There were times in my life that I thought I was going to die. It was mostly when I was a teenager and lived on my own and very bad things happened. But it's different when you're young. If you're not facing imminent death, from, say, a grave illness or an accident, the great beyond is not as scary because young people tend to think they're immortal.
You don't have decades of anticipation of what death may be like, you're nowhere close to mortality and you don't yet have the people that come along through those decades that you need to hold on to.
As an adult, I've never really thought that I would die—until last week.
Something is wrong with my balance; I veer to the left. Not all the time and it's not something I feel in my head—no dizziness, no sense that I'm askew. It doesn't affect my driving or my typing; or my speech or thinking. Maybe because of the lack of symptoms or maybe because I thought it would just stop as abruptly as it started a couple months ago, I didn't call the doctor.
That is, I didn't call after I rounded a corner at the gym and ran into people coming at me, staggered toward a woman with a baby in the supermarket who scooted out of the way and gave me a dirty look, or bumped into my friend for the umpteenth time, so that she joked, "You trying to get with me?" My left shoulder and ankle were full of small cuts and bruises.
Then I went to New York City to visit my son. I walked into him, tripped, careened away from people at the last moment. My unsteadiness could be mistaken for the way people are in the city—so wrapped up in conversation or their own thoughts (or these days, their devices)—that they don't pay attention to others.
It was when I returned and got on my bike and ran into a pole, badly bruising my leg that I finally called the doctor.
I made an appointment for the following week. "I seem to have a balance problem," I told them. His nurse called me right back. The doctor wanted to see me first thing in the morning.
"That's a little dramatic," I thought.
At the appointment, Dr. Rosenberg had me do physical maneuvers that felt like I was at a child's party. Balance is so rudimentary: touch my nose, look at his nose and then follow his hand without moving my head ... but I got an F when it came to walking a police line heel-to-toe.
"We're going to get you in for an MRI of your brain," he said.
In the two days before the MRI appointment and the two days it took to get the results, I panicked. In the immortal words of Roseanne Rosannadanna, I thought I was gonna die.
I have a controlling relationship to my body—not to the point of dysfunction or disorder but I am particular about what I eat, how I exercise and I know what's going on with my body at different points in my life. That kind of control has its drawbacks, since I am anxious and prone to panic.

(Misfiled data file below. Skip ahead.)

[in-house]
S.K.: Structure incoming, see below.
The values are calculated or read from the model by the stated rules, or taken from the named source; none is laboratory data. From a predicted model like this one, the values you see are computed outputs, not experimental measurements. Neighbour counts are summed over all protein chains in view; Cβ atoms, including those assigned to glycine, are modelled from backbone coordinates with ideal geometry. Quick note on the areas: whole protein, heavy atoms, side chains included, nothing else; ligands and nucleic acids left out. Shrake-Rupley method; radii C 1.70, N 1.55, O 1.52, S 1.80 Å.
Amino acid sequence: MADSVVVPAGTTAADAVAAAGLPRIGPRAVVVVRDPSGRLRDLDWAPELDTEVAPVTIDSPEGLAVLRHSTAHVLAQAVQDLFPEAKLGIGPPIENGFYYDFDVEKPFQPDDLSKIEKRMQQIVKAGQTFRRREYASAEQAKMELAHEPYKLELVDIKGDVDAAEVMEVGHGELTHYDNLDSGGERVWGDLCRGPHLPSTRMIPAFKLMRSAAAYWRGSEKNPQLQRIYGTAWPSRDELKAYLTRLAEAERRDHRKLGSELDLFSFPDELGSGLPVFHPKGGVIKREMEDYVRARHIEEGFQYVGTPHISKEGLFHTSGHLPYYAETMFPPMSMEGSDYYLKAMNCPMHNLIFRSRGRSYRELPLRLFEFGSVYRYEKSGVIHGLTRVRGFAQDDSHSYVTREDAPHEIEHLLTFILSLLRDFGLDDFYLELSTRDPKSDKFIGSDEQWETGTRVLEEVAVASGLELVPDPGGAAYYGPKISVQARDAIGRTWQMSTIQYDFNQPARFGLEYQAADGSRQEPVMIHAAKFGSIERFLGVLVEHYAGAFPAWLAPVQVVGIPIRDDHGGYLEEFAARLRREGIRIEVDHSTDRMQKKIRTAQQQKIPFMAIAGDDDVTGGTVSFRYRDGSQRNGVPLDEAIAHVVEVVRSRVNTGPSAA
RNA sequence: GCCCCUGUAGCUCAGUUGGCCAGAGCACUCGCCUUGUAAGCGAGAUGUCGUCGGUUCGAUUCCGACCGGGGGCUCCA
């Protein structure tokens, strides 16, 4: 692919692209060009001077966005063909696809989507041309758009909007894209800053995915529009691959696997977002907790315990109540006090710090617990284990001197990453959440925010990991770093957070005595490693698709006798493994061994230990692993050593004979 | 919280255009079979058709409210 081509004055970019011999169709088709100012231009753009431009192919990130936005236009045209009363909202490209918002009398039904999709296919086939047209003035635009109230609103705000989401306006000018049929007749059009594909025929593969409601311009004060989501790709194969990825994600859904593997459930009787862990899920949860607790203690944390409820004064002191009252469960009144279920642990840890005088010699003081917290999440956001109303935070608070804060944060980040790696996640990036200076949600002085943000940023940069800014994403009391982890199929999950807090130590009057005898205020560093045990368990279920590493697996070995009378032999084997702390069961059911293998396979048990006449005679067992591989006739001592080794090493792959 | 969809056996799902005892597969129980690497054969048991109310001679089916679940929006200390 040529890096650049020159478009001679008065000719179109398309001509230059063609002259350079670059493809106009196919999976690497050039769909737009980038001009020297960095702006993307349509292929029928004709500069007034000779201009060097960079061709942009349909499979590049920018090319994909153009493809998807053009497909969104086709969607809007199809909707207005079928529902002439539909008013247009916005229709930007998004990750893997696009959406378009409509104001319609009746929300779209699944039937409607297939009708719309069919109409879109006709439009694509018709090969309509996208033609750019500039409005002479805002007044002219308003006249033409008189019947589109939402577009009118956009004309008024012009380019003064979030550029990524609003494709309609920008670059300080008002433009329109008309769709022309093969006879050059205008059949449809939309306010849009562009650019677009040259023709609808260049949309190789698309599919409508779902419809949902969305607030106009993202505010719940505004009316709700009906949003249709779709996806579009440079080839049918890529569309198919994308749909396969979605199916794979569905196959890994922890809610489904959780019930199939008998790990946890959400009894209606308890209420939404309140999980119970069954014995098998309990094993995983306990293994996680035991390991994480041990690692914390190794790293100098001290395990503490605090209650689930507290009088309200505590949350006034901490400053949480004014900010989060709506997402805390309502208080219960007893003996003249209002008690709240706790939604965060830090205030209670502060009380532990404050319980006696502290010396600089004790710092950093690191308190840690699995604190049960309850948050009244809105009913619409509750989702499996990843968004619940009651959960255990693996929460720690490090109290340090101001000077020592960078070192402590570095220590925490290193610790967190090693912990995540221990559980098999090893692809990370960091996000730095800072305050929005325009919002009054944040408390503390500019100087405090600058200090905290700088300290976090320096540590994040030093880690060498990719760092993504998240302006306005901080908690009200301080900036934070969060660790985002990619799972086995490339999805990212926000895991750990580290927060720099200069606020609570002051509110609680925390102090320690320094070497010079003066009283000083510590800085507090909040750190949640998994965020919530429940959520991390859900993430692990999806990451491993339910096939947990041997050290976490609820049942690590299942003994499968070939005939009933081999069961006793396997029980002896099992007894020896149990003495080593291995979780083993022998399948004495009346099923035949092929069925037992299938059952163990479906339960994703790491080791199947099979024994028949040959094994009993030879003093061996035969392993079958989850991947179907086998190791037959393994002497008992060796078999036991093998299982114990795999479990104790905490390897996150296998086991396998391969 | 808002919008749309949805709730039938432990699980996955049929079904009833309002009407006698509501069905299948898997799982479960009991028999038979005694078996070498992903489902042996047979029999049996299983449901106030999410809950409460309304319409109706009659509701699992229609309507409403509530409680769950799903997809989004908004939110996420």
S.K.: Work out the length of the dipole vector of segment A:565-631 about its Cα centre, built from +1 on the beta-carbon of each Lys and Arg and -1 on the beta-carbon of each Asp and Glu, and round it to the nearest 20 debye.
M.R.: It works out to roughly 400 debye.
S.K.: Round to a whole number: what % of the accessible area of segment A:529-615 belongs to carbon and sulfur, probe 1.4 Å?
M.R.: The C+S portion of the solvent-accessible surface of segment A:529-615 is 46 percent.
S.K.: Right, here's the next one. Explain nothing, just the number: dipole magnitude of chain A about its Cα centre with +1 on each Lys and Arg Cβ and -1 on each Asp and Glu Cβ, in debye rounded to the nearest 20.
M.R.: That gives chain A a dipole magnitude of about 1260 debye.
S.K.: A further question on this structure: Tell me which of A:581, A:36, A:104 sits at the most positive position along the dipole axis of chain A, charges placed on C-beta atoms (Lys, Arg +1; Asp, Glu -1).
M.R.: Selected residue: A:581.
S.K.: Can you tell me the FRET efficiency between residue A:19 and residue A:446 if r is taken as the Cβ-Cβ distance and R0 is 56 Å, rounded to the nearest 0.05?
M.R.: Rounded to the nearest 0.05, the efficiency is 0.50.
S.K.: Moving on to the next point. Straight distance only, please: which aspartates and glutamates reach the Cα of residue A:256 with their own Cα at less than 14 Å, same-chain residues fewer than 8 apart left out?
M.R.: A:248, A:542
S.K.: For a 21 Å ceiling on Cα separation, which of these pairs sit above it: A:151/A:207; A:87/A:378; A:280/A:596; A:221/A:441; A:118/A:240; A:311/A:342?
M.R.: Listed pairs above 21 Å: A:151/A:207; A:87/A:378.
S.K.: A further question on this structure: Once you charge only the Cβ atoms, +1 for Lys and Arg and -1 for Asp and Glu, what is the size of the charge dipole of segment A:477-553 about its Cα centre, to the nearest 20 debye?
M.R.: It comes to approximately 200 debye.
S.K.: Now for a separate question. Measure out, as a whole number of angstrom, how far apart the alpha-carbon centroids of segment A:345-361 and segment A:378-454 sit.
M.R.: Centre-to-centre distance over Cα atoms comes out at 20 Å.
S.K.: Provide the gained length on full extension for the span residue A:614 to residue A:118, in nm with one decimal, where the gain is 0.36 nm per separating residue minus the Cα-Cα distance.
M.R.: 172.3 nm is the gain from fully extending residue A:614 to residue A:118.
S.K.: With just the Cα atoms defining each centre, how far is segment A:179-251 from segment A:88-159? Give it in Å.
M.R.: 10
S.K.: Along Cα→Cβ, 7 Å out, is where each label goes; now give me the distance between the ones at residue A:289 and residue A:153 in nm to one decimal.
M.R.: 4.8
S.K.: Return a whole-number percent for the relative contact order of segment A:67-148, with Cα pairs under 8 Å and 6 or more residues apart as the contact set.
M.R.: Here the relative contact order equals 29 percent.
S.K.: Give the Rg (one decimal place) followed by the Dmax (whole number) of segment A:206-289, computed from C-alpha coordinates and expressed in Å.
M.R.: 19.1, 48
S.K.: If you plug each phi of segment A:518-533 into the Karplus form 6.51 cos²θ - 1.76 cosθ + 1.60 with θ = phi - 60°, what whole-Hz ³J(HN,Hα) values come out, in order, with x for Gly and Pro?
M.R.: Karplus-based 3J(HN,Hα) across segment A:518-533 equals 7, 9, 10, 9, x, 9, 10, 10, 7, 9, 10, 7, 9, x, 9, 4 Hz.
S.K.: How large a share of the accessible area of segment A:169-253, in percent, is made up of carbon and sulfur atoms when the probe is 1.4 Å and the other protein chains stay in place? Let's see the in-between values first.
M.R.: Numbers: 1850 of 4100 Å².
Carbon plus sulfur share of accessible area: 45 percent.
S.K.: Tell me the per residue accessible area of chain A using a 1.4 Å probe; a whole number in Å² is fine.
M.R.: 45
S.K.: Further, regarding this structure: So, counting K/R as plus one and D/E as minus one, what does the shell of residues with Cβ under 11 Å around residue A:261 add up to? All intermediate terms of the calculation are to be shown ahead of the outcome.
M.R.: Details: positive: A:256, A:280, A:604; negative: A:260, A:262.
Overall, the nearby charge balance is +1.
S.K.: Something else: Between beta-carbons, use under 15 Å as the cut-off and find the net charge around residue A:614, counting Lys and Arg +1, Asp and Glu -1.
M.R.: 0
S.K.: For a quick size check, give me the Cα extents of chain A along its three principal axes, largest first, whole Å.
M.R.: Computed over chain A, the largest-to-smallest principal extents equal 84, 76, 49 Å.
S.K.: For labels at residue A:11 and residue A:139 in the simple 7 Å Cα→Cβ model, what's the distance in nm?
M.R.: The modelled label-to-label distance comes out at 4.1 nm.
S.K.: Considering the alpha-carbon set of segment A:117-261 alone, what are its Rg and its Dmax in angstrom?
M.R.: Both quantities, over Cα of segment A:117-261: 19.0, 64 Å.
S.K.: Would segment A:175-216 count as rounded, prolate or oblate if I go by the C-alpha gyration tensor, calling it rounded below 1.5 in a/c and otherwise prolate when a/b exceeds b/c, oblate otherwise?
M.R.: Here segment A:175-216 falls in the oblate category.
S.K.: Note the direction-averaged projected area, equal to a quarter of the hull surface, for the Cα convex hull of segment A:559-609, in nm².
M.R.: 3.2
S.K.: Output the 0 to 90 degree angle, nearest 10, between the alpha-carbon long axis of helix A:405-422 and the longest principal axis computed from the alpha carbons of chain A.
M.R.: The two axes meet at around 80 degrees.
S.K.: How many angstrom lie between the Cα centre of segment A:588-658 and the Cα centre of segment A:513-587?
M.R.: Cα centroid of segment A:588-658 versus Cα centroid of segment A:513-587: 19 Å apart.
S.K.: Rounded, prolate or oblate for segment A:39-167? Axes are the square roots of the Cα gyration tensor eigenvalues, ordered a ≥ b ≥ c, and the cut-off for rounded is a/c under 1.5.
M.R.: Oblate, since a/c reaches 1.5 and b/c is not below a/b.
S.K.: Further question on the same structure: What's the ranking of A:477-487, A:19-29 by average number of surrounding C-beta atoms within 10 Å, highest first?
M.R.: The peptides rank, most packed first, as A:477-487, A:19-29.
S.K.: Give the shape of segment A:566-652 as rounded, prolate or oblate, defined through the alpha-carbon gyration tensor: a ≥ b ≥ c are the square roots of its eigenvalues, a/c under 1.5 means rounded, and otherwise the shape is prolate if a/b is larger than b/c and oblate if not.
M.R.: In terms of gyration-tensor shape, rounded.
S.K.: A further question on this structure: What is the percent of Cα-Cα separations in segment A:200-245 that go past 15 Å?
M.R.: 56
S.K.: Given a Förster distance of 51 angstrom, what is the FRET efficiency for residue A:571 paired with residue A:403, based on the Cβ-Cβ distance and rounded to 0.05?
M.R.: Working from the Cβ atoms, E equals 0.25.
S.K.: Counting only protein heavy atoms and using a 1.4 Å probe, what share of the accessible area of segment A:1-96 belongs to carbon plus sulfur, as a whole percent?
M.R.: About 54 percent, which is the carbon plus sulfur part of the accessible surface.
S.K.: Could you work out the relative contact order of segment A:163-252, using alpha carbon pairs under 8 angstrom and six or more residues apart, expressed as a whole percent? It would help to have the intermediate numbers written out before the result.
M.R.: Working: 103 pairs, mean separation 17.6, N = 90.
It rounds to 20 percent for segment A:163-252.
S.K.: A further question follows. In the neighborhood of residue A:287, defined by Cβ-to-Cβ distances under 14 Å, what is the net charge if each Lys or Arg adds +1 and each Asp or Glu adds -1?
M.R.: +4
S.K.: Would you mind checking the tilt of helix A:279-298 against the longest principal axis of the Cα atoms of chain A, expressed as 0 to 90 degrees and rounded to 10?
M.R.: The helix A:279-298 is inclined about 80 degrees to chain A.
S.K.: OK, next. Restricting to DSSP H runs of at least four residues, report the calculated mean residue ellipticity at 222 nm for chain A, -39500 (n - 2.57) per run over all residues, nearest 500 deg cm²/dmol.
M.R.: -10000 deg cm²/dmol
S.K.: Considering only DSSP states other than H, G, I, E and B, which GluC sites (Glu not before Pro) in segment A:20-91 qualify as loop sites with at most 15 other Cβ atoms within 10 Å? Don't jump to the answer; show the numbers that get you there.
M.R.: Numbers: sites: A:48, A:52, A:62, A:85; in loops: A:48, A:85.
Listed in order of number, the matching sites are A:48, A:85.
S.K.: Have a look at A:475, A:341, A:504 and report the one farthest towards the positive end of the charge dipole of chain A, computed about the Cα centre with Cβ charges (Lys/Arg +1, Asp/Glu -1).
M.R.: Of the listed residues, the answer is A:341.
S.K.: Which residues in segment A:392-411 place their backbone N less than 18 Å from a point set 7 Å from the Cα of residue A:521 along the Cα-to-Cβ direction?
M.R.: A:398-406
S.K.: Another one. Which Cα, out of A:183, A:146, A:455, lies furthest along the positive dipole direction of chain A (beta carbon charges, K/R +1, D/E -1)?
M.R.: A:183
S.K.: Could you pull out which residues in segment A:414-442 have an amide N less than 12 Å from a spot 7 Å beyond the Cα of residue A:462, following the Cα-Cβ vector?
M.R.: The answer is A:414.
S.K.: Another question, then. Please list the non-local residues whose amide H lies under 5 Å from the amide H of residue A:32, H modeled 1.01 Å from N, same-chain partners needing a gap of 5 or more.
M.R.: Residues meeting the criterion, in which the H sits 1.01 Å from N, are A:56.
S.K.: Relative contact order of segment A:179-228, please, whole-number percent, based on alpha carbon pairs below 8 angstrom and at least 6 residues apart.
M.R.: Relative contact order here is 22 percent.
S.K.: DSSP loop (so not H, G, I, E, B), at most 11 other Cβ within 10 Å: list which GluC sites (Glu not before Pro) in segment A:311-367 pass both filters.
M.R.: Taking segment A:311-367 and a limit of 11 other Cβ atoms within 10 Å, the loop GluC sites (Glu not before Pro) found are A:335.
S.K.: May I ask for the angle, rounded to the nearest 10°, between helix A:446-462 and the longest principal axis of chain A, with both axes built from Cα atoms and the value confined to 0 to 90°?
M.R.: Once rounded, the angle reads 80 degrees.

But drawbacks aside, being hyperaware of my body is the remedy for when I was a child and sexually abused, and when I had to confusingly and painfully give my body to men (then in my teens, I took far too many drugs and offered it to anyone because I thought I was only worth my sexuality).
Now there was something wrong with me and it was not in my control. When it sunk in that I could not visualize my brain like I could my quadriceps or rotator cuff, I could not stop myself from obsessing about the worst.
How would I tell my children I was going to die? I rehearsed this while pacing my apartment, crying. What would I miss of their lives? I remember when I was pregnant, thinking there was no way I could give birth to a healthy human being, considering what my body went through. And then I did just that—twice. It made me deeply sad to think that life's trick was this—that I would only know them until their 20s and then I would be gone, extinguished (because that's what I think death is).
And I was absolutely horrible to a friend who I then clung to, apologizing and crying and saying I didn't want to die at 58. I sat down and wrote emails to my closest friends to tell them what was going on. (Which has its own drawbacks because then you have to keep updating them.) I wrote to my Buddhist friend, who I've known forever, who said that I have to accept and deal with my panic, because the panic feeds itself. That actually helped.
And then I went back to my doctor. "Good news!" he said, bursting in the room. The MRI was normal. Even the abnormal things were common and not dangerous. I was not going to die. Even though my Buddhist friend told me this was a learning moment; I thought of it more as a rehearsal.
I was lying in bed this morning, a cool breeze coming through the window, and I thought of where I would put my winter coats in my new place and about whether the loft would be too hot or too cold in the winter. Then I told myself to stop worrying about the future: Remember, I was dead last week.